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Illinois' latest standardized test results show that the achievement gap among elementary school students is narrowing, largely because of gains among black, special education and low-income students, the Illinois State Board of Education announced Monday.

The board also said that nine schools flagged for improvement under the decade-old federal No Child Left Behind Act were taken off that status because they made adequate yearly progress for two years in a row. The improvement came even as the state's proficiency benchmarks rose 7.5% over the past two years.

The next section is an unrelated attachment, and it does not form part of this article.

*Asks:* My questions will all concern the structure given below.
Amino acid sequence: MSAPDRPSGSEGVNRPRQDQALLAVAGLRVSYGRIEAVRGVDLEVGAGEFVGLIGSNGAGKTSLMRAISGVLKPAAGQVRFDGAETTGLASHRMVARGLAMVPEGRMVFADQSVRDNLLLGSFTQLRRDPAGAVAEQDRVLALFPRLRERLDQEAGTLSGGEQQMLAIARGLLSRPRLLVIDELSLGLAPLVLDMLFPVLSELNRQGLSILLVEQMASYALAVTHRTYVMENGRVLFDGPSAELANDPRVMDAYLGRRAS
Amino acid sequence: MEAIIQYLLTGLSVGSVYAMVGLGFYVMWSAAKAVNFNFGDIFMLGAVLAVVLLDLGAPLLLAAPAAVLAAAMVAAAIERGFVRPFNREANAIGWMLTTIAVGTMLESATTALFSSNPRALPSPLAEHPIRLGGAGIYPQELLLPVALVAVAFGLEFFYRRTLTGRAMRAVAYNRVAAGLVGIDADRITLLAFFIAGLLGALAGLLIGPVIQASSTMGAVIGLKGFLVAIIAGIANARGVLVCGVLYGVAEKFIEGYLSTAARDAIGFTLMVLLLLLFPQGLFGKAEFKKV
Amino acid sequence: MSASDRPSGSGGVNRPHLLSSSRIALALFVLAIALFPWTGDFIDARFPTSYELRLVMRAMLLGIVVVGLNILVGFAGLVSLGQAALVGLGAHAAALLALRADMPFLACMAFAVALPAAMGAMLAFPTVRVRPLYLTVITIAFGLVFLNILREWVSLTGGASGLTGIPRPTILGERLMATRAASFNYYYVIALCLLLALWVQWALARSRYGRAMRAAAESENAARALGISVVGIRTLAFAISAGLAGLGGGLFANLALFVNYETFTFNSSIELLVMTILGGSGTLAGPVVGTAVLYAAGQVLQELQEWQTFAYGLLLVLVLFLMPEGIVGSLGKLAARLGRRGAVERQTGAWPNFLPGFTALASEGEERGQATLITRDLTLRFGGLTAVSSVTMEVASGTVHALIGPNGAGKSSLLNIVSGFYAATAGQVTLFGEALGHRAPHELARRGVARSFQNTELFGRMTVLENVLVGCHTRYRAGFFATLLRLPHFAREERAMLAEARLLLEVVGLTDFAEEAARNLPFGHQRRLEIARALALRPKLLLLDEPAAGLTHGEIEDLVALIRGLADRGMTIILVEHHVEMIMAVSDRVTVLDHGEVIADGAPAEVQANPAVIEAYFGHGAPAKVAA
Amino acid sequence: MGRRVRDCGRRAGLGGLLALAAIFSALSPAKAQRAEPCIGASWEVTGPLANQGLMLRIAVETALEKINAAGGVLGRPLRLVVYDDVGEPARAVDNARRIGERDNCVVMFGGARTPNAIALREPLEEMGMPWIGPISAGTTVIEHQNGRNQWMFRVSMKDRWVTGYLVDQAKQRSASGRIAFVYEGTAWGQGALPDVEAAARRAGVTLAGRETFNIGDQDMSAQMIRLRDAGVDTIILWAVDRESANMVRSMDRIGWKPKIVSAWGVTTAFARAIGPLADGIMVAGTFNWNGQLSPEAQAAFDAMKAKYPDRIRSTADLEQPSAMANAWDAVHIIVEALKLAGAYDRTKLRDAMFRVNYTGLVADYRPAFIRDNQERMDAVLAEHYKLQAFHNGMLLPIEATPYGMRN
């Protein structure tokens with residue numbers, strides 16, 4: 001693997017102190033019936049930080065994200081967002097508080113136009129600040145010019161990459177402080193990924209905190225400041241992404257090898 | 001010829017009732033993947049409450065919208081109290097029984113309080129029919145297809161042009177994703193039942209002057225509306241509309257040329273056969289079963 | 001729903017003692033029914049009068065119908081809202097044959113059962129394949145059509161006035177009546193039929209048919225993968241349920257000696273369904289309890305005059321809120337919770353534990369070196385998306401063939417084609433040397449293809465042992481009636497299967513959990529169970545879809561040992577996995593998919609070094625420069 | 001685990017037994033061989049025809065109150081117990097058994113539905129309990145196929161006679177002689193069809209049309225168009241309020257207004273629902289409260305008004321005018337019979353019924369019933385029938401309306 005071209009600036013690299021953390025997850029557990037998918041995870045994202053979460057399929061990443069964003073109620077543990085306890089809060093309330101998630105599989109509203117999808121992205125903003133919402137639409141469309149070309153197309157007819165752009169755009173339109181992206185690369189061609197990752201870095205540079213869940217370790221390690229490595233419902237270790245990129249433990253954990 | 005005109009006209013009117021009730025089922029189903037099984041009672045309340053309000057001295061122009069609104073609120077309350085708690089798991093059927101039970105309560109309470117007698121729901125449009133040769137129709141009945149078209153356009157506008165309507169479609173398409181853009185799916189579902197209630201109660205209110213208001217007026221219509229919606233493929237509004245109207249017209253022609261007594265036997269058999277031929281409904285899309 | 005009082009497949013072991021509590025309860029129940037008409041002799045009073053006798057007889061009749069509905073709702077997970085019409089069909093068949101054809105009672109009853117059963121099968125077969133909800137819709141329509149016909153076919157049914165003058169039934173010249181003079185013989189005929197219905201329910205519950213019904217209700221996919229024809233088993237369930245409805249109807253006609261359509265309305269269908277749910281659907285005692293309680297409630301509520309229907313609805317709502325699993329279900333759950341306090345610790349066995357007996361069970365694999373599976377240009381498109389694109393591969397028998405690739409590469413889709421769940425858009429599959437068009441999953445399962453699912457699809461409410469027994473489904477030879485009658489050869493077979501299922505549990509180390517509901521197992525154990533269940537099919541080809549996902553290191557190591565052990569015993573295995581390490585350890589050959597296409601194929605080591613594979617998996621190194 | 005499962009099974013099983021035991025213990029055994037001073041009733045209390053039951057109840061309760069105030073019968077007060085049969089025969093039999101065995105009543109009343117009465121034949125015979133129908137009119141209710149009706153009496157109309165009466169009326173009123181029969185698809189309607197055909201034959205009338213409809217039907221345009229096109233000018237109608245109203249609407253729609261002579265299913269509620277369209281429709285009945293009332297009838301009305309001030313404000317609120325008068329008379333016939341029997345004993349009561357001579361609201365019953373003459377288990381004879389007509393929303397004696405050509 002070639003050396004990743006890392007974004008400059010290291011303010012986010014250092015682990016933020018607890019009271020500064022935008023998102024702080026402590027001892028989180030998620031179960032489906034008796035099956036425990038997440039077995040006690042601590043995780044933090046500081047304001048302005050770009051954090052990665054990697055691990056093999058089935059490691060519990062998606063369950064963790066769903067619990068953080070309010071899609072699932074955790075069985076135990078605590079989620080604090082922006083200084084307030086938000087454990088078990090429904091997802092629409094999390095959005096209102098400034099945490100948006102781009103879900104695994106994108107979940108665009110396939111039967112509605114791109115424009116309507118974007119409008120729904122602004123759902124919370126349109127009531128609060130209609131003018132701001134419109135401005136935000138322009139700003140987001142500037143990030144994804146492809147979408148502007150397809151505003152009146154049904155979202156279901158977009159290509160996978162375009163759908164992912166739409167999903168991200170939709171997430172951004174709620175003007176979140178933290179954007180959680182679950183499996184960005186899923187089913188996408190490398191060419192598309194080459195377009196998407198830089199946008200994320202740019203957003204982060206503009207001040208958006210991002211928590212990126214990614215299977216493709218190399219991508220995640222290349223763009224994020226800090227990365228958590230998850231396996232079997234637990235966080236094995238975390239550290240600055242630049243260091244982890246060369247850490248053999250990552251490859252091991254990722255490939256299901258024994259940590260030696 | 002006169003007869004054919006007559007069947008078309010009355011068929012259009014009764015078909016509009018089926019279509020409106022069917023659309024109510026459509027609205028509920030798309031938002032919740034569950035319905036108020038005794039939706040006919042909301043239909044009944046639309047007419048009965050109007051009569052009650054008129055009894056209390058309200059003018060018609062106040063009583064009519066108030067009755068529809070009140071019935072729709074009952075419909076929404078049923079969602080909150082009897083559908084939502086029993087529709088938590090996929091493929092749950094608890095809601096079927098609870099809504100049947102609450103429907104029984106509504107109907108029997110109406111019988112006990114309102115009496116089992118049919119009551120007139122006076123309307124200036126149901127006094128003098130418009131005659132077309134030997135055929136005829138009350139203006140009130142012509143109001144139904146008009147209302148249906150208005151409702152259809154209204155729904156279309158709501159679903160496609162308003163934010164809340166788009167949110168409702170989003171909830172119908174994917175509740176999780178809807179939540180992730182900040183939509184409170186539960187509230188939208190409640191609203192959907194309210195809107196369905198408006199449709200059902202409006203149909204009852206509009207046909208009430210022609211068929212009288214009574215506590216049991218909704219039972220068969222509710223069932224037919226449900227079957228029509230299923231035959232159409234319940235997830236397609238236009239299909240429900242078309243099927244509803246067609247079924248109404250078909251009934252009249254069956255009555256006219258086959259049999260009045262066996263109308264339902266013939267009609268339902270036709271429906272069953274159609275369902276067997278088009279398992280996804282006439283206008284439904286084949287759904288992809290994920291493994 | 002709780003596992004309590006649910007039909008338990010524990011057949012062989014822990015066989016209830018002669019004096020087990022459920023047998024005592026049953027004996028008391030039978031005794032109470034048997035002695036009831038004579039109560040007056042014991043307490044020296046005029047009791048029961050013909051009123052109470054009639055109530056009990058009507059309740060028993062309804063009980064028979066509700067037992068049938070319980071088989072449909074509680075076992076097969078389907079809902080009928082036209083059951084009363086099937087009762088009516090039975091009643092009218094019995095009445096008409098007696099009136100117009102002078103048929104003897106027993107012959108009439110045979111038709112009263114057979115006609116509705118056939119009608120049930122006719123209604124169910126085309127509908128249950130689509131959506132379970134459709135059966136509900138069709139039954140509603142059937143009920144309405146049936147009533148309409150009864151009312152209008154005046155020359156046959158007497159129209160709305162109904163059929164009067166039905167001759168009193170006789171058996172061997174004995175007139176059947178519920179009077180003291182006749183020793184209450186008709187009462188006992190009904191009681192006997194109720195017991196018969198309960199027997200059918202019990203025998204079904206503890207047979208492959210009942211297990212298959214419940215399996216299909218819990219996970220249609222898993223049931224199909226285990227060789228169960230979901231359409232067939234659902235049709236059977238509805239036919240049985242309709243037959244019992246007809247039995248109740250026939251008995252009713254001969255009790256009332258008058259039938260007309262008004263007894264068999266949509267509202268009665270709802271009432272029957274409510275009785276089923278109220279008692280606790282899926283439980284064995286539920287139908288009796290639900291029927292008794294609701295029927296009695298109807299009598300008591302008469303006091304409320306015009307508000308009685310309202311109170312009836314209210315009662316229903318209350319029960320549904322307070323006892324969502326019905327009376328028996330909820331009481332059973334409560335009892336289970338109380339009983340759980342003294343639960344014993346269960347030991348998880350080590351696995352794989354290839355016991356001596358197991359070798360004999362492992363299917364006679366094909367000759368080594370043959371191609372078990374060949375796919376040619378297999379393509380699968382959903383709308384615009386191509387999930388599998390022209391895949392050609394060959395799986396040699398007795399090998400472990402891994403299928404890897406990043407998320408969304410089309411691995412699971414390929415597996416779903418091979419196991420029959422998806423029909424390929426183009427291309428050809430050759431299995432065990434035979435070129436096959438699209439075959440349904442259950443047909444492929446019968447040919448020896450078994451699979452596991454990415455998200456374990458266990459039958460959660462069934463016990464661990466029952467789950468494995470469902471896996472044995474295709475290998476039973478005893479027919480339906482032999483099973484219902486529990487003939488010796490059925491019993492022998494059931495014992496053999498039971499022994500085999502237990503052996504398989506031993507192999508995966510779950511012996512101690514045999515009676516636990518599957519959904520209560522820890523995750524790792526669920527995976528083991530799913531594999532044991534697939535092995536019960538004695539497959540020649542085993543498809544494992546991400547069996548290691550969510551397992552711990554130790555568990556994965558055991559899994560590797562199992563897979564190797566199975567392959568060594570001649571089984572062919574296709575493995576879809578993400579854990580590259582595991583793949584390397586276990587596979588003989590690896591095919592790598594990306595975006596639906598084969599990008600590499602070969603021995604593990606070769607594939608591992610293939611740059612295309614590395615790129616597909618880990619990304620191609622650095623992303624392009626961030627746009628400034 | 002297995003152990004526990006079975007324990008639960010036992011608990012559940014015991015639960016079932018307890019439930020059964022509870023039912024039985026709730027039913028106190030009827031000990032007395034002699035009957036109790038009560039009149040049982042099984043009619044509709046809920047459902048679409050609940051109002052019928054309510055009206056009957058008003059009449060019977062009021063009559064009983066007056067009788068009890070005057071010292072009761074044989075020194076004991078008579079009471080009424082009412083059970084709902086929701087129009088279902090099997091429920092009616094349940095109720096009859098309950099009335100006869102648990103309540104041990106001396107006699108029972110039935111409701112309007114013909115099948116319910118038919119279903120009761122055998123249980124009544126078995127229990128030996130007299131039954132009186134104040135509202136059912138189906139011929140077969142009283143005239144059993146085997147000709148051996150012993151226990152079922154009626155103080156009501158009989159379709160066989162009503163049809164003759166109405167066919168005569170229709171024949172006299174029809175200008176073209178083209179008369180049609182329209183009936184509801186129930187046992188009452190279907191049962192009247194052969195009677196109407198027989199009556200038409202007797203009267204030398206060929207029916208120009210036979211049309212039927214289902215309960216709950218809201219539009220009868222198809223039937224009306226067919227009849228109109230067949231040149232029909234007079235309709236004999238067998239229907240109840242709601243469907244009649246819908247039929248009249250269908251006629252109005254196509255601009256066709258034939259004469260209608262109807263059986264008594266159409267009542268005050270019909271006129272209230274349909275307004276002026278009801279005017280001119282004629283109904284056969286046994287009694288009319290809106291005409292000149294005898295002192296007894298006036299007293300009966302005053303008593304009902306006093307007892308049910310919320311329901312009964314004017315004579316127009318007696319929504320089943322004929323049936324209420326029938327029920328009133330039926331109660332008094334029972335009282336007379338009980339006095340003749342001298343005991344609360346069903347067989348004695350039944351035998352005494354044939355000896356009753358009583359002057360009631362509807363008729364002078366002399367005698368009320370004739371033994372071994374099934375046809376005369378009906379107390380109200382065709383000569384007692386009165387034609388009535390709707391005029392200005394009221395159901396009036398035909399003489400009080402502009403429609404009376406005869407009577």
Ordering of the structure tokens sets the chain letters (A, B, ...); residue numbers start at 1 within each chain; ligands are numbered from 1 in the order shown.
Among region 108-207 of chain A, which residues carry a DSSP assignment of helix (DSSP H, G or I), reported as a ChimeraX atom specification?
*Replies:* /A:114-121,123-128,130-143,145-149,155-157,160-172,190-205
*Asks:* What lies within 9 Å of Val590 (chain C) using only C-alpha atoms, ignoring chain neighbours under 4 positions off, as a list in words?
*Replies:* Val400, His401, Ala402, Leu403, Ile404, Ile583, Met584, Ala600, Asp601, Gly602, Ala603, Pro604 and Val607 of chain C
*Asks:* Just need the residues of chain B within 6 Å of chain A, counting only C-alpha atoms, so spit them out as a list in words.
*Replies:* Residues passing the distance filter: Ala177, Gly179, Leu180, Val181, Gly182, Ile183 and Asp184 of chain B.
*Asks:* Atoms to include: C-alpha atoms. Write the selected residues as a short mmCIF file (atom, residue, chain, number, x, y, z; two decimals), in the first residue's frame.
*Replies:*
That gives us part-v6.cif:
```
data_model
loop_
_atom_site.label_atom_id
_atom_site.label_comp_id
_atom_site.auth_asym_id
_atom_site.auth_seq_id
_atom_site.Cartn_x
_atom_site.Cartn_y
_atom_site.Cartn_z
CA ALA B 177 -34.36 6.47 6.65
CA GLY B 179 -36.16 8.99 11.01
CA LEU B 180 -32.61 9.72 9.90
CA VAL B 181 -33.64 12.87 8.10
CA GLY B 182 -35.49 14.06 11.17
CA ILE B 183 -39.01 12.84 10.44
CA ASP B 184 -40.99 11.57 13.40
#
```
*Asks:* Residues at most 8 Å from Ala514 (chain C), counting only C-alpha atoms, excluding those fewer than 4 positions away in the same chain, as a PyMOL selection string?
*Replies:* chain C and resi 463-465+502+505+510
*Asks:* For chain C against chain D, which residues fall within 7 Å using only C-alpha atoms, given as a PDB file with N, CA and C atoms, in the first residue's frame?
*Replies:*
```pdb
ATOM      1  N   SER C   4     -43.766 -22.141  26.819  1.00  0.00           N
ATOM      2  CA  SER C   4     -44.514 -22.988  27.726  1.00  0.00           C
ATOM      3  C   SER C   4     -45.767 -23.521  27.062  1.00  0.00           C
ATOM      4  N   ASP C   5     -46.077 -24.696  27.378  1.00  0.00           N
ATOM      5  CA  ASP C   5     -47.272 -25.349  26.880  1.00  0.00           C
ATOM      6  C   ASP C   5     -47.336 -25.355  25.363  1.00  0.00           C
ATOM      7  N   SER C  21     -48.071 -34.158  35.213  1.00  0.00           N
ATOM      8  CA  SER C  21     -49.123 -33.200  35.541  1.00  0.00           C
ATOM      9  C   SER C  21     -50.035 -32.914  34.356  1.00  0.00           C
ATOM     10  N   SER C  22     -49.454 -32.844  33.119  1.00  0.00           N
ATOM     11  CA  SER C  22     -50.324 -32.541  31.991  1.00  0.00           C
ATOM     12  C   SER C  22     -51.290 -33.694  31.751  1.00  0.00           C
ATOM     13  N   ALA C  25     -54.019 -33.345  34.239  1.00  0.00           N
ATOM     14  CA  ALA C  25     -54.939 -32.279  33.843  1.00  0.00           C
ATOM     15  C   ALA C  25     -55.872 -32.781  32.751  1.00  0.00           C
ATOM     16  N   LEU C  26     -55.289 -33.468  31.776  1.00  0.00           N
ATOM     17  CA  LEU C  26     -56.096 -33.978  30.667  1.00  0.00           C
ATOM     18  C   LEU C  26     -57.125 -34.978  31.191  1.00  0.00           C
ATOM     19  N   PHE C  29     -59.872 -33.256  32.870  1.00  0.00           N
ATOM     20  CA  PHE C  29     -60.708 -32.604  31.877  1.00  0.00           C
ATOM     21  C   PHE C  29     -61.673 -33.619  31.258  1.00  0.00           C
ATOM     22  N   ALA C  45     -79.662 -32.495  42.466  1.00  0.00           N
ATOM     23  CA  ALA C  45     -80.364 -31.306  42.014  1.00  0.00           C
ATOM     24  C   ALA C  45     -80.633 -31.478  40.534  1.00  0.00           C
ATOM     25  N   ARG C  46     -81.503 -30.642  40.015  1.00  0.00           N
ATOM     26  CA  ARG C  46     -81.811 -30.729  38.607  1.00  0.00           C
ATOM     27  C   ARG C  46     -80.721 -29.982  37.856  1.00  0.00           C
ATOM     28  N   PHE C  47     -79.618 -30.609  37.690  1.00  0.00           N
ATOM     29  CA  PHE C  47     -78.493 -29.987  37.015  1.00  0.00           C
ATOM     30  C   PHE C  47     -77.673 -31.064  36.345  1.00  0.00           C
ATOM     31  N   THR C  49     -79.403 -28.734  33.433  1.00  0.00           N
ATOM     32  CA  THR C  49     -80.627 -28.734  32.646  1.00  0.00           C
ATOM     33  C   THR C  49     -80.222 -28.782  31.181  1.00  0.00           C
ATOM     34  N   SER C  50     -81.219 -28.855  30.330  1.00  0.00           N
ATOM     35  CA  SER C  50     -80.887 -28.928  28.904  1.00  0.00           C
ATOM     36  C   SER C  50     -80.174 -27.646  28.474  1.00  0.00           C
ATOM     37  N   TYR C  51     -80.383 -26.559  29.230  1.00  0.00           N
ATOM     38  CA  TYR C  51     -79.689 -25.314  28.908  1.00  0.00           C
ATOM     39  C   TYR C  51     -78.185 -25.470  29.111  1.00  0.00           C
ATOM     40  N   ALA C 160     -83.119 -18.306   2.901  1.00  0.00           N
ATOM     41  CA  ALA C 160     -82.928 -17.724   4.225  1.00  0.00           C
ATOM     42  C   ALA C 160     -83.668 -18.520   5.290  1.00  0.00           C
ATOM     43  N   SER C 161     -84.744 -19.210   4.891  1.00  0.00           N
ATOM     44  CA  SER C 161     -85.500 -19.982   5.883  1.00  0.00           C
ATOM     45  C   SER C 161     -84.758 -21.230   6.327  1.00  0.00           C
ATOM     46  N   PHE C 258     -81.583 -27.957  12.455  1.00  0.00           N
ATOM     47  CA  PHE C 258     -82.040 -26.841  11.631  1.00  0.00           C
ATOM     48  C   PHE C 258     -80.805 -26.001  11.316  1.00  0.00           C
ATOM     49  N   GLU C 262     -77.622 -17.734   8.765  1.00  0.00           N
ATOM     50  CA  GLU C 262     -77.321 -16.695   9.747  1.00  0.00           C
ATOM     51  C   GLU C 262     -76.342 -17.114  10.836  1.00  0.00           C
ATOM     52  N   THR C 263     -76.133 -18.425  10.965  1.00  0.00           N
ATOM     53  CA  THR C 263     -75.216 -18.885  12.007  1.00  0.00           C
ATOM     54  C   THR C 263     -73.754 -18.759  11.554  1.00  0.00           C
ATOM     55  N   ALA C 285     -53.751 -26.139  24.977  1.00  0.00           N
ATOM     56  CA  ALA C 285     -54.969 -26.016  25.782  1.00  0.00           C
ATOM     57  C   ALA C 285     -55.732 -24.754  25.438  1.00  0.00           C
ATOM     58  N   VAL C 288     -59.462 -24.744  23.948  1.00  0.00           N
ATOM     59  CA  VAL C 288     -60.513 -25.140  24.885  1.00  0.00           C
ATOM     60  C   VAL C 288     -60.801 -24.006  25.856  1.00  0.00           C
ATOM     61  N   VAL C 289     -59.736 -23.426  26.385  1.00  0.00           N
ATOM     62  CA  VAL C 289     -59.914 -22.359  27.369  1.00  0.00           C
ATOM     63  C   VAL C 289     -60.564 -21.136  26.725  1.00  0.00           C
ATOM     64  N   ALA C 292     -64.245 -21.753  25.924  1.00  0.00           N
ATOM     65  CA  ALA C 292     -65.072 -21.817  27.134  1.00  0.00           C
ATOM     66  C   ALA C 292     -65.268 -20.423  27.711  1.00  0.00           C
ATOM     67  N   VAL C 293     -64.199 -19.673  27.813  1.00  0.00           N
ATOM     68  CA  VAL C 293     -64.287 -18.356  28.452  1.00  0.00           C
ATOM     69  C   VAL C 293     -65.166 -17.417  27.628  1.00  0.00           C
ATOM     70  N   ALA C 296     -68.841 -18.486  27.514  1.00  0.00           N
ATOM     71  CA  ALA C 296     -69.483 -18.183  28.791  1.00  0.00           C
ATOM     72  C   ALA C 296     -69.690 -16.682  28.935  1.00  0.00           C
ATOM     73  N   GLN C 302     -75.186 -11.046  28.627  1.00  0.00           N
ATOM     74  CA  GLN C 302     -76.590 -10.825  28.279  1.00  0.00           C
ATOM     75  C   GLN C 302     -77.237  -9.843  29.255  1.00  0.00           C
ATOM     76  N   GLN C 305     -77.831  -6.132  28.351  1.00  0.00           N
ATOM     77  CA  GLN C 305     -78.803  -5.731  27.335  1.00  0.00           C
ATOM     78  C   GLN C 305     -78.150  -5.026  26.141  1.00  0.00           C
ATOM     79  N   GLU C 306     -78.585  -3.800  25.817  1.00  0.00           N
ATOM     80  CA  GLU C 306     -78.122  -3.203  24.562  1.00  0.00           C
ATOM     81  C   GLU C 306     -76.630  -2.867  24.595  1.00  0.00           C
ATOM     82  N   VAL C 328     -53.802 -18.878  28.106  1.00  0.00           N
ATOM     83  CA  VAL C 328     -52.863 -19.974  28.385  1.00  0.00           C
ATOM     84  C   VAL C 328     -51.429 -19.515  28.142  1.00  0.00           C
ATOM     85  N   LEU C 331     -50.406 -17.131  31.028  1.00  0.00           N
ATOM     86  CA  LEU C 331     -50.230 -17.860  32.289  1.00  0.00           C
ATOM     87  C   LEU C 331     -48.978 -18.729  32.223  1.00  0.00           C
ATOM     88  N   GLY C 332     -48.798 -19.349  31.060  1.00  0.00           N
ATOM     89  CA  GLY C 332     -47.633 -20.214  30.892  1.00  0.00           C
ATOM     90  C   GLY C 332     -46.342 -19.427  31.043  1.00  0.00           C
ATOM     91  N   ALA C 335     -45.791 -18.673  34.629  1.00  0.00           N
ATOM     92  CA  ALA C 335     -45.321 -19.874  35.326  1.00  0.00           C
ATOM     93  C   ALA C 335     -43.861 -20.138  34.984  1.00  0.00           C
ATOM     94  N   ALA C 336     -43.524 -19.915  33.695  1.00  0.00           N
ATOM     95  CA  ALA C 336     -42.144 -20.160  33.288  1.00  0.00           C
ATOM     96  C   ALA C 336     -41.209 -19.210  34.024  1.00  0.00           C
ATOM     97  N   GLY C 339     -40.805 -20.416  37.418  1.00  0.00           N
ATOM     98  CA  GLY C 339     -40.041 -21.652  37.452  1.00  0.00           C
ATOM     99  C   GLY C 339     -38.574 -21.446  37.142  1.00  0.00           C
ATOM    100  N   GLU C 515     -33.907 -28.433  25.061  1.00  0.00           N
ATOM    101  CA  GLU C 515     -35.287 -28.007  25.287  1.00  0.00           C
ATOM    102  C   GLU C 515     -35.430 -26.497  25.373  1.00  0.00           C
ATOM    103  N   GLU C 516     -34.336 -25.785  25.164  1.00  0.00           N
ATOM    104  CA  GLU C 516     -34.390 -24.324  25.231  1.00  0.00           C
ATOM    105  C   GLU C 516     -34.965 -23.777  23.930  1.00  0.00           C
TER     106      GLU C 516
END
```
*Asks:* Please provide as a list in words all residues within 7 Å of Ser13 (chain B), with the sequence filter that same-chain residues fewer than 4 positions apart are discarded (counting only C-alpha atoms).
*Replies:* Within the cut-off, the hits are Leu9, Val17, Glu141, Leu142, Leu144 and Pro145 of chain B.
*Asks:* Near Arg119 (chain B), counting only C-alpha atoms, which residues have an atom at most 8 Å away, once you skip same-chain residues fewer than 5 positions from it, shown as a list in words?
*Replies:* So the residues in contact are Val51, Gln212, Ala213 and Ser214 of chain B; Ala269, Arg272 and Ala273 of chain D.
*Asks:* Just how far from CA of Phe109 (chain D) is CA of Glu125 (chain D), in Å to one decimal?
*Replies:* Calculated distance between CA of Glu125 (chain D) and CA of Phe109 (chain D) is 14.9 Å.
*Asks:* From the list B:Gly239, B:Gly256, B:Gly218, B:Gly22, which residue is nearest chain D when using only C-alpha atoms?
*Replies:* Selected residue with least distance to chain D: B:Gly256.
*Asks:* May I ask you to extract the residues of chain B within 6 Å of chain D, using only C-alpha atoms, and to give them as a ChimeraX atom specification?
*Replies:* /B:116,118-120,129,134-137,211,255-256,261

The state board reported that over time, the achievement gap between white and black students has narrowed by 11.4% in math and 7.9% in reading. Since 2006, black students have posted a 14.3% increase in meeting and exceeding proficiency in math and a 13% increase in reading on the Illinois Standards Achievement Test.

Hispanic students also have upped their proficiency on the statewide test, improving by 4.7% in math and 5.2% in reading.

The improvements come as the number of minority students in Illinois' public schools continues to climb, from 36.7% of students in 1997 to 48.6% this year. During that span, the population of the state's low-income students rose from 35.7% to 48.1%.

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